In one study on memory in chess, experts were shown a configuration of about 25 chess pieces on a board for about 5 to 10 seconds. If the placement of these chess pieces could be reached in an actual game, then experts were much better than novices at being able to recall and reproduce the configuration. If the chess pieces were randomly arranged, however, the experts were no better than novices at remembering the positions of each piece.
The experts’ better memory for sensible chess piece arrangements was consistent with the idea that they viewed the board as “chunks” of pieces, each of which constituted a pattern. Some of these patterns even had names, such as “fianchettoed bishops.” Novices did not have access to this learned pattern information.
Experts also differ from novices in how they solve physics problems. Experts are guided more by the physical principles in the problems (such as conservation of energy), while novices are guided more by the terms used in the problem’s description (does the statement refer to a spring?). Additionally, experts used deeper, more abstract representations of the problems than novices did. Similar patterns of expertise have been found in many other domains.
Achieving an expert level of performance seems to depend strongly on a certain kind of practice, called deliberate practice. Expertise does not come simply from doing things like playing chess, but rather requires a focus on the components of the task.
At the height of his career, Tiger Woods, for example, would perform a putting drill where he would put two golf tees in the green about four feet from the hole, separated by the length of his putter’s head. He would put a ball between the two tees and putt from there into the hole until he had sunk at least 100 balls in a row. Elite levels of performance seem to require about 10 years-worth of this kind of deliberate practice.
Deliberate practice allows past experience to be transferred to new situations. For example, Abraham Luchins (1942) studied transfer between problems. In these problems, there are three jars, each of which holds a certain amount of water. The goal is to fill or empty the jars to end up with a specific amount of water in one of the jars.
In one problem of this type, the three jars hold 29, 3 and 21 liters respectively. The goal is to end up with one jar containing exactly 20 liters of water. Think about how you could accomplish this – none of the jars can measure out exactly 20 liters, but if you fill the 29-liter jar and dump water from it into the 3 liter jar you would end up with 26 liters. Repeat that twice more and you would end up with exactly 20 liters of water in the 29-liter jar.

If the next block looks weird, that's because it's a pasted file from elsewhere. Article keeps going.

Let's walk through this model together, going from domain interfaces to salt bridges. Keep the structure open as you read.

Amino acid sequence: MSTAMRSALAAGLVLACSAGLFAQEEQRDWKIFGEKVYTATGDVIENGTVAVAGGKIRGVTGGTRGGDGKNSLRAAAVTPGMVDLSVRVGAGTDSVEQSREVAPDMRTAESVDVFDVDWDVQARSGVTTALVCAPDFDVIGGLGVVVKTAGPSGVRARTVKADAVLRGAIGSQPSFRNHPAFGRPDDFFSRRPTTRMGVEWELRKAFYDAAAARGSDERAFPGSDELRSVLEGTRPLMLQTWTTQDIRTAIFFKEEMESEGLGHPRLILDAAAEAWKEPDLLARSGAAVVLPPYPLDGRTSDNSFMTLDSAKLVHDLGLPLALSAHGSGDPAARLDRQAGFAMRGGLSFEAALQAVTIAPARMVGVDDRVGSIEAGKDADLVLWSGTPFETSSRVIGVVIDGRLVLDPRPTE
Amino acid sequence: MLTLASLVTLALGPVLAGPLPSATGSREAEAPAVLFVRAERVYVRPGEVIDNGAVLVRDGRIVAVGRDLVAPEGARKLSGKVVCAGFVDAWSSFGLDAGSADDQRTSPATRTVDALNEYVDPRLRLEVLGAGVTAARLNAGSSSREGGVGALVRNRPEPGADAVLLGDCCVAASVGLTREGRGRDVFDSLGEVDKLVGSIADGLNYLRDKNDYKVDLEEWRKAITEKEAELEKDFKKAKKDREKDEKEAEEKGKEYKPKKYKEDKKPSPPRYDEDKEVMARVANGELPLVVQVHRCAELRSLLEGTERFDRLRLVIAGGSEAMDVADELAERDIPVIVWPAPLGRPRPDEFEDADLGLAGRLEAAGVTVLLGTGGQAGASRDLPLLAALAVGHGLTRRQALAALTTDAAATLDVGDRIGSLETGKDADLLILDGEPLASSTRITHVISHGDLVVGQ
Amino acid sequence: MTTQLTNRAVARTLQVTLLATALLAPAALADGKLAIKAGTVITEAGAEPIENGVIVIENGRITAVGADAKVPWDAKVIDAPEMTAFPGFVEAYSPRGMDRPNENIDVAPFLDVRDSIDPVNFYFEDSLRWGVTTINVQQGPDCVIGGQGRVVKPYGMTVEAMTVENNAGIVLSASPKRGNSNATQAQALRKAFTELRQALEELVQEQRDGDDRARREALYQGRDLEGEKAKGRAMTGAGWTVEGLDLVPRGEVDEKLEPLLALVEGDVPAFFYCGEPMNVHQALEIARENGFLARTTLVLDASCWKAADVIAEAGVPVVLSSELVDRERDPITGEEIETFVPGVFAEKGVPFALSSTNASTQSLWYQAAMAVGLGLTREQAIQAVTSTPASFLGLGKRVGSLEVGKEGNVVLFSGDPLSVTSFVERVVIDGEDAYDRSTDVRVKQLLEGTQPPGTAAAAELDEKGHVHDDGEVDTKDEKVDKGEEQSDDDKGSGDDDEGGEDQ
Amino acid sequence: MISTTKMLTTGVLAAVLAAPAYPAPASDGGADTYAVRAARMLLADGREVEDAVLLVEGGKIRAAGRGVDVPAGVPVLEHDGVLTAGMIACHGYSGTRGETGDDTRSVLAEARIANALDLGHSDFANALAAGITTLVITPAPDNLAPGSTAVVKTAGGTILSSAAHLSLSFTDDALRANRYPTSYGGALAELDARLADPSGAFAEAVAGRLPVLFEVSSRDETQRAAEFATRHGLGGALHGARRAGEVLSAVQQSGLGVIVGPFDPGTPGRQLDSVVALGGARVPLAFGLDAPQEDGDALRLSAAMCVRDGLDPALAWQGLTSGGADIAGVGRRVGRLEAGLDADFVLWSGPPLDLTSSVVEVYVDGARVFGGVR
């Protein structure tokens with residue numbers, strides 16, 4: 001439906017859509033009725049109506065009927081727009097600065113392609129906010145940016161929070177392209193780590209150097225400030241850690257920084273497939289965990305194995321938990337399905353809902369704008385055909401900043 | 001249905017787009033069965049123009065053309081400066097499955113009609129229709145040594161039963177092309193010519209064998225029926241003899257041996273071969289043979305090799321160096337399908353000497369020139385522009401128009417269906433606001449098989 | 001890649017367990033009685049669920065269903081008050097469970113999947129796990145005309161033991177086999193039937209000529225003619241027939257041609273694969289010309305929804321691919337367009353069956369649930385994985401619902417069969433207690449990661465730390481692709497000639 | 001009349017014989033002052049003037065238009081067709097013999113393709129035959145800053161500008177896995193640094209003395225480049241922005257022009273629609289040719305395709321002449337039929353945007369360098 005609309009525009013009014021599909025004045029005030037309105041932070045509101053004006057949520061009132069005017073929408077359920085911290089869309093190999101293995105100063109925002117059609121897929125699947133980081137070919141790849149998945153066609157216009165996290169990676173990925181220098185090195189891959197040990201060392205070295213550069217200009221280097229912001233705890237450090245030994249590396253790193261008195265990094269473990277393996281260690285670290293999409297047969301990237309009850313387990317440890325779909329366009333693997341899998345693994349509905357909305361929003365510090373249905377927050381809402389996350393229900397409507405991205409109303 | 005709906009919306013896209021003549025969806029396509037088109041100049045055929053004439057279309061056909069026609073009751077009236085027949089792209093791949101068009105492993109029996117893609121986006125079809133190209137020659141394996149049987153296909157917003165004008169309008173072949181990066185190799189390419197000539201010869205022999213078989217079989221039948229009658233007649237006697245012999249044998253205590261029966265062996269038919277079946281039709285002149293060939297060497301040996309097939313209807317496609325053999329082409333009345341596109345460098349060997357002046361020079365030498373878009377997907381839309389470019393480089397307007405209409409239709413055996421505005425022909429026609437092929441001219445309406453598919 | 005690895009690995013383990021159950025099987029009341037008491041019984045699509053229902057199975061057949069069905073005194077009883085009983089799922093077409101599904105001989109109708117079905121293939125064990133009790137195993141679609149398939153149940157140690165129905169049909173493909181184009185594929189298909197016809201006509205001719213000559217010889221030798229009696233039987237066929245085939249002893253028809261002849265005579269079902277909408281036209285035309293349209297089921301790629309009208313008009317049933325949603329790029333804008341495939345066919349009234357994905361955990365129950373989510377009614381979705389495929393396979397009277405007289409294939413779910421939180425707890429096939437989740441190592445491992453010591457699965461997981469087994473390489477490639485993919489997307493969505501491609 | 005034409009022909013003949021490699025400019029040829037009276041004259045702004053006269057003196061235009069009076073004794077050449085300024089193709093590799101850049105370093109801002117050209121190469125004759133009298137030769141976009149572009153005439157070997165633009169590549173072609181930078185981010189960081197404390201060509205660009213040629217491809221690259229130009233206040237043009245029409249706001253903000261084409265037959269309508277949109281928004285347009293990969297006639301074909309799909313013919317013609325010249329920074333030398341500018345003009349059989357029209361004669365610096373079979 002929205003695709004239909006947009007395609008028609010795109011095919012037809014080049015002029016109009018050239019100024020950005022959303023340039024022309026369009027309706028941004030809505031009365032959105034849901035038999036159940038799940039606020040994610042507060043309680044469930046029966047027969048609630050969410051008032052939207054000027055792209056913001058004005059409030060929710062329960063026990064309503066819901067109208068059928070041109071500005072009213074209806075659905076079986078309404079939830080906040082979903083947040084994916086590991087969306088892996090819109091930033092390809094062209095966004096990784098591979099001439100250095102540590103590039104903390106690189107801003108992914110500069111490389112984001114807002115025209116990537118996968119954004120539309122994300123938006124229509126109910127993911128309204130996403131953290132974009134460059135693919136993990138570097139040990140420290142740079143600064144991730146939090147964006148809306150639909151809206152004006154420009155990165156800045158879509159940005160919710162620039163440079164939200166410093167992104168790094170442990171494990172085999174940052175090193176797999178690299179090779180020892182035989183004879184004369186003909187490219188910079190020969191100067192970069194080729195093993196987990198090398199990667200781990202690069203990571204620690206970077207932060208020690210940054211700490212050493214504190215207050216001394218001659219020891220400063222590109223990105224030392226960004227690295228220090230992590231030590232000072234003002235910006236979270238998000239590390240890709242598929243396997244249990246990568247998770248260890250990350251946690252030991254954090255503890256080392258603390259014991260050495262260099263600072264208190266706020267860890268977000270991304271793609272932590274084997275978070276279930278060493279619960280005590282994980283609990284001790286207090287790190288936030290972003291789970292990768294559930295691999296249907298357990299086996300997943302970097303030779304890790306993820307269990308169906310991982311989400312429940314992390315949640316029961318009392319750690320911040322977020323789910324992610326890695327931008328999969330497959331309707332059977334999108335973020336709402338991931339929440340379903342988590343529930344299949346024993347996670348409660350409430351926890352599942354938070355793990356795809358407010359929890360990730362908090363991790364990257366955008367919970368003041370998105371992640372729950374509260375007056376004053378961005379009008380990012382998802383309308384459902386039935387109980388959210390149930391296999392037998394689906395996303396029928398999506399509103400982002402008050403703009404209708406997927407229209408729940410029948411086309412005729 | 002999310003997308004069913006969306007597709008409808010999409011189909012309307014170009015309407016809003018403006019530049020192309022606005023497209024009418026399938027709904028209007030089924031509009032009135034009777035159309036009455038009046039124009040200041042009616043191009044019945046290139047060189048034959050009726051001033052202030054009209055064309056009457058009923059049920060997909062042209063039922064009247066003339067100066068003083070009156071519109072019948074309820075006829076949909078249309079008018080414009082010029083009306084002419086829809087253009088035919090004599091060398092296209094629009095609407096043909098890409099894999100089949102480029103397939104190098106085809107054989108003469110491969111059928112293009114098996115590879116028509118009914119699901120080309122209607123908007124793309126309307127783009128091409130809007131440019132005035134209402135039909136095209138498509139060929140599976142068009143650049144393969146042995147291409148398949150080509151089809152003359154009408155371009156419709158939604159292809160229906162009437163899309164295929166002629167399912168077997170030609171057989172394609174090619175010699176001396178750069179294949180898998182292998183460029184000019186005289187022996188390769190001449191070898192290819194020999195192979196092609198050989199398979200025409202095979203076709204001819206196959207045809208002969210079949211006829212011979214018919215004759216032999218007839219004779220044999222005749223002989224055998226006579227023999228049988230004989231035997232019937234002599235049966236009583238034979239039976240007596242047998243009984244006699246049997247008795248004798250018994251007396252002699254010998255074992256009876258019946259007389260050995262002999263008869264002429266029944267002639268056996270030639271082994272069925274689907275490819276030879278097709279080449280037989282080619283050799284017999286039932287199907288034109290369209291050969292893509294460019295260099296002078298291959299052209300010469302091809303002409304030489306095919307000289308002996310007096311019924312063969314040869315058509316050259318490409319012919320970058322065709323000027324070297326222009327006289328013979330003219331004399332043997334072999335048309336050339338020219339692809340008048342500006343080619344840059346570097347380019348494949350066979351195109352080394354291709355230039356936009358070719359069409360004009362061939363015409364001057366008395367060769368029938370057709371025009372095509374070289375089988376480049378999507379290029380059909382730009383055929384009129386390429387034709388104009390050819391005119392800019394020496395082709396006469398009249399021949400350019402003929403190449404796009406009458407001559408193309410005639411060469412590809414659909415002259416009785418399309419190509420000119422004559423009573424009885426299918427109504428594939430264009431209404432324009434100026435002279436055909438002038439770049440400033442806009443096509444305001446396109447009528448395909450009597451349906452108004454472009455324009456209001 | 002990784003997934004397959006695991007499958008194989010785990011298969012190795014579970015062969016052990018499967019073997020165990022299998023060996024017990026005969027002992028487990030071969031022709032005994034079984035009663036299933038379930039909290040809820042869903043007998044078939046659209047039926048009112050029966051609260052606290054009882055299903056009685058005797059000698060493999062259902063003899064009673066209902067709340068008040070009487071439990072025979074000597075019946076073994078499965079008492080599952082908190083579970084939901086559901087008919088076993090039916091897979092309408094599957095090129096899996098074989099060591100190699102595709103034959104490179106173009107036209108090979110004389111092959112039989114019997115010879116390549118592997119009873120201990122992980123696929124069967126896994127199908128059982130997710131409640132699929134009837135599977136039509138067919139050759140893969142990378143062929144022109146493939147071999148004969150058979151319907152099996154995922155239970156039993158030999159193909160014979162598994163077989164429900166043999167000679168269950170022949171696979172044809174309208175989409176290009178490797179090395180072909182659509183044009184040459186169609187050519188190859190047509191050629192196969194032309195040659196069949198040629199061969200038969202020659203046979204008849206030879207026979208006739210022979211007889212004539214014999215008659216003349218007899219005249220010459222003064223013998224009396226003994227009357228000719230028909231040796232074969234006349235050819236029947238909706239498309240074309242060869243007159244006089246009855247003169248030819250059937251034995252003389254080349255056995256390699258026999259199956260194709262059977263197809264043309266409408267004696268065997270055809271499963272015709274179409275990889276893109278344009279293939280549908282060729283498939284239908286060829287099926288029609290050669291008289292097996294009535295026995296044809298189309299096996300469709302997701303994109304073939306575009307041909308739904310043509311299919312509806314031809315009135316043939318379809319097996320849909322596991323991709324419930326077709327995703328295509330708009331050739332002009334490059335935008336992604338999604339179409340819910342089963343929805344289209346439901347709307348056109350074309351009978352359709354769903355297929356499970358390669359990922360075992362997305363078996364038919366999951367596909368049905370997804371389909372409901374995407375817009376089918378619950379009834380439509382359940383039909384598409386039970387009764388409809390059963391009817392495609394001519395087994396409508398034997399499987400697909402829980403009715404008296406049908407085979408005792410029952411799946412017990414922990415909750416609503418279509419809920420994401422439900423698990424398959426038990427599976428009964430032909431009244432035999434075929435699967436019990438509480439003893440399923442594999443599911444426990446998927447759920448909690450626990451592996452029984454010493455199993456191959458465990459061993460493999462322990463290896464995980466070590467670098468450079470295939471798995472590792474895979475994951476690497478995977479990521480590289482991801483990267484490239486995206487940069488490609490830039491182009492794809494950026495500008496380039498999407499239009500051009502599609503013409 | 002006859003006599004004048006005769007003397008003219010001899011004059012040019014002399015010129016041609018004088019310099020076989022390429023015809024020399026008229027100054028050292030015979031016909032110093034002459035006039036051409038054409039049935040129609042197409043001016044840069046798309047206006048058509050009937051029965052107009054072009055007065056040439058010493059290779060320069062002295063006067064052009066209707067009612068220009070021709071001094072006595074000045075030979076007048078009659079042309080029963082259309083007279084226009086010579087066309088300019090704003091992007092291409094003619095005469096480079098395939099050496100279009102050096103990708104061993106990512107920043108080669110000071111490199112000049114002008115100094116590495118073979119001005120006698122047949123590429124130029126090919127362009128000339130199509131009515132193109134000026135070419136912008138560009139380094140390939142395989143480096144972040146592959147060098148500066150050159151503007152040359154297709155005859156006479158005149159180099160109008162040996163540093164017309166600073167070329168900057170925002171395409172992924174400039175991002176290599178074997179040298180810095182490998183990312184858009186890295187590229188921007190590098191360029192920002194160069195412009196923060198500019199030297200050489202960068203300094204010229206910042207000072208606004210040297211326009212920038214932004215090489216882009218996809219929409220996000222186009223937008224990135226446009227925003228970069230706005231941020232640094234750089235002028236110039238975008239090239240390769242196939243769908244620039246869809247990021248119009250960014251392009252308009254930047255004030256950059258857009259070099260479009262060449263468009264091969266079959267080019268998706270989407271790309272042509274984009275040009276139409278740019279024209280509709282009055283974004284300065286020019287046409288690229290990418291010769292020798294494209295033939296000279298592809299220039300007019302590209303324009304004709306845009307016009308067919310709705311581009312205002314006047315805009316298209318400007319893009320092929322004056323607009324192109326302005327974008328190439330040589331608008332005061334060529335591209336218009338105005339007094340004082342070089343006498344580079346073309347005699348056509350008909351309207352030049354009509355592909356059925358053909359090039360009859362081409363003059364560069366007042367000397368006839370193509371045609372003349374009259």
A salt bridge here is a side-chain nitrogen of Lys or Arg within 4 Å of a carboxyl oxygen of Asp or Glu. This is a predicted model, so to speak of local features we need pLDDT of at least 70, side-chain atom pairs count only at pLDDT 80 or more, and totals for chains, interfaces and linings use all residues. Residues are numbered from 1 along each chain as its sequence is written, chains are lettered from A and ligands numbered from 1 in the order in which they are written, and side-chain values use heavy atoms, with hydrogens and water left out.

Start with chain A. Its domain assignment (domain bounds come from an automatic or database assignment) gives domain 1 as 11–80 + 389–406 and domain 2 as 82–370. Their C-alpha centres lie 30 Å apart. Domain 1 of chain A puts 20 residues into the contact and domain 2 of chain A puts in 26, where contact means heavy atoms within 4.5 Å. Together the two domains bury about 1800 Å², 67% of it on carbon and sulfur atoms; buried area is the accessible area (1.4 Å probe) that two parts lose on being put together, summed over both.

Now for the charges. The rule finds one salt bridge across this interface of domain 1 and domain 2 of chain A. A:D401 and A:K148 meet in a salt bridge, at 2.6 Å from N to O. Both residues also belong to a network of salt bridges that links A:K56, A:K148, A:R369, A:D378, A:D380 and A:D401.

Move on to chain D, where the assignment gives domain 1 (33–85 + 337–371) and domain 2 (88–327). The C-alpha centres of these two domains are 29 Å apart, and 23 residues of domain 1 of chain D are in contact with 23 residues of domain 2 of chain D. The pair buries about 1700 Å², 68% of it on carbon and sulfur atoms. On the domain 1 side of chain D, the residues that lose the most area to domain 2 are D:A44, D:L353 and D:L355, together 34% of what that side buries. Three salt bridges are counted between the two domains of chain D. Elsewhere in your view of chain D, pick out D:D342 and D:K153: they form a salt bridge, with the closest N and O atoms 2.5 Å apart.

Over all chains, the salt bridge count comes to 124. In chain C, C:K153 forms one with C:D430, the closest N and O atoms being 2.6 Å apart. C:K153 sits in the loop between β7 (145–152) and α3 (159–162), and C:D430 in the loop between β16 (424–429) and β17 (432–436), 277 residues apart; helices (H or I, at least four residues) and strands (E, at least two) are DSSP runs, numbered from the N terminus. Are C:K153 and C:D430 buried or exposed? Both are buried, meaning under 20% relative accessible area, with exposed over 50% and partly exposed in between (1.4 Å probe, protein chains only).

After this example, Luchins gave participants a series of 10 similar problems:
|Problem # ||Capacity of Jar A ||Capacity of Jar B ||Capacity of Jar C ||Goal quantity |
|1 ||21 ||127 ||3 ||100 |
|2 ||14 ||163 ||25 ||99 |
|3 ||18 ||43 ||10 ||5 |
|4 ||9 ||42 ||6 ||21 |
|5 ||20 ||59 ||4 ||31 |
|6 ||23 ||49 ||3 ||20 |
|7 ||15 ||39 ||3 ||18 |
|8 ||18 ||48 ||4 ||22 |
|9 ||14 ||36 ||8 ||6 |
|10 ||28 ||76 ||3 ||25 |
As you might expect, people, being intelligent, get faster at solving these problems as they move through the list. The first nine problems can all be solved using the pattern B – 2C – A. Fill Jar B, dump water from Jar B into Jar C twice, and then dump water from Jar B to Jar A once. Problems 6 and 9 can be solved more simply using the pattern A – C, but 83 percent of people used the original pattern that worked for problems 1 – 6 on these problems.
Problems 7 and 8 can be solved more simply using the pattern A + C, but 79 percent of participants solved these problems using the original method. Perhaps most surprising, 64 percent of the participants given problems 1-9 did not solve problem 10 at all (A – C), but 95 percent of a different group of participants who got only problem 10 were able to solve it.
The point of Luchins’ water jar problem in the present context is that transfer from one problem to another does not always improve intelligence, but can actually hinder it. Because the same strategy works with problems 1 through 9, they never had a chance to discover that a simpler solution was possible for the later problems. And, because they tried to solve problem 10 with the same methods that they had been using, they actually failed on this one. Transfer is not always a good thing.
All of this means that general intelligence is not simple, or well understood. As Yogi Berra used to say, “if you don't know where you're going, you might not get there.”
Whatever the challenges of artificial general intelligence, the chances of us actually achieving it will be greatly improved if we have a better idea of just what we are trying to create. So far, that means better understanding human intelligence. We may not need human-like intelligence for solving specific problems, but it looks like it could be critical for developing artificial general intelligence.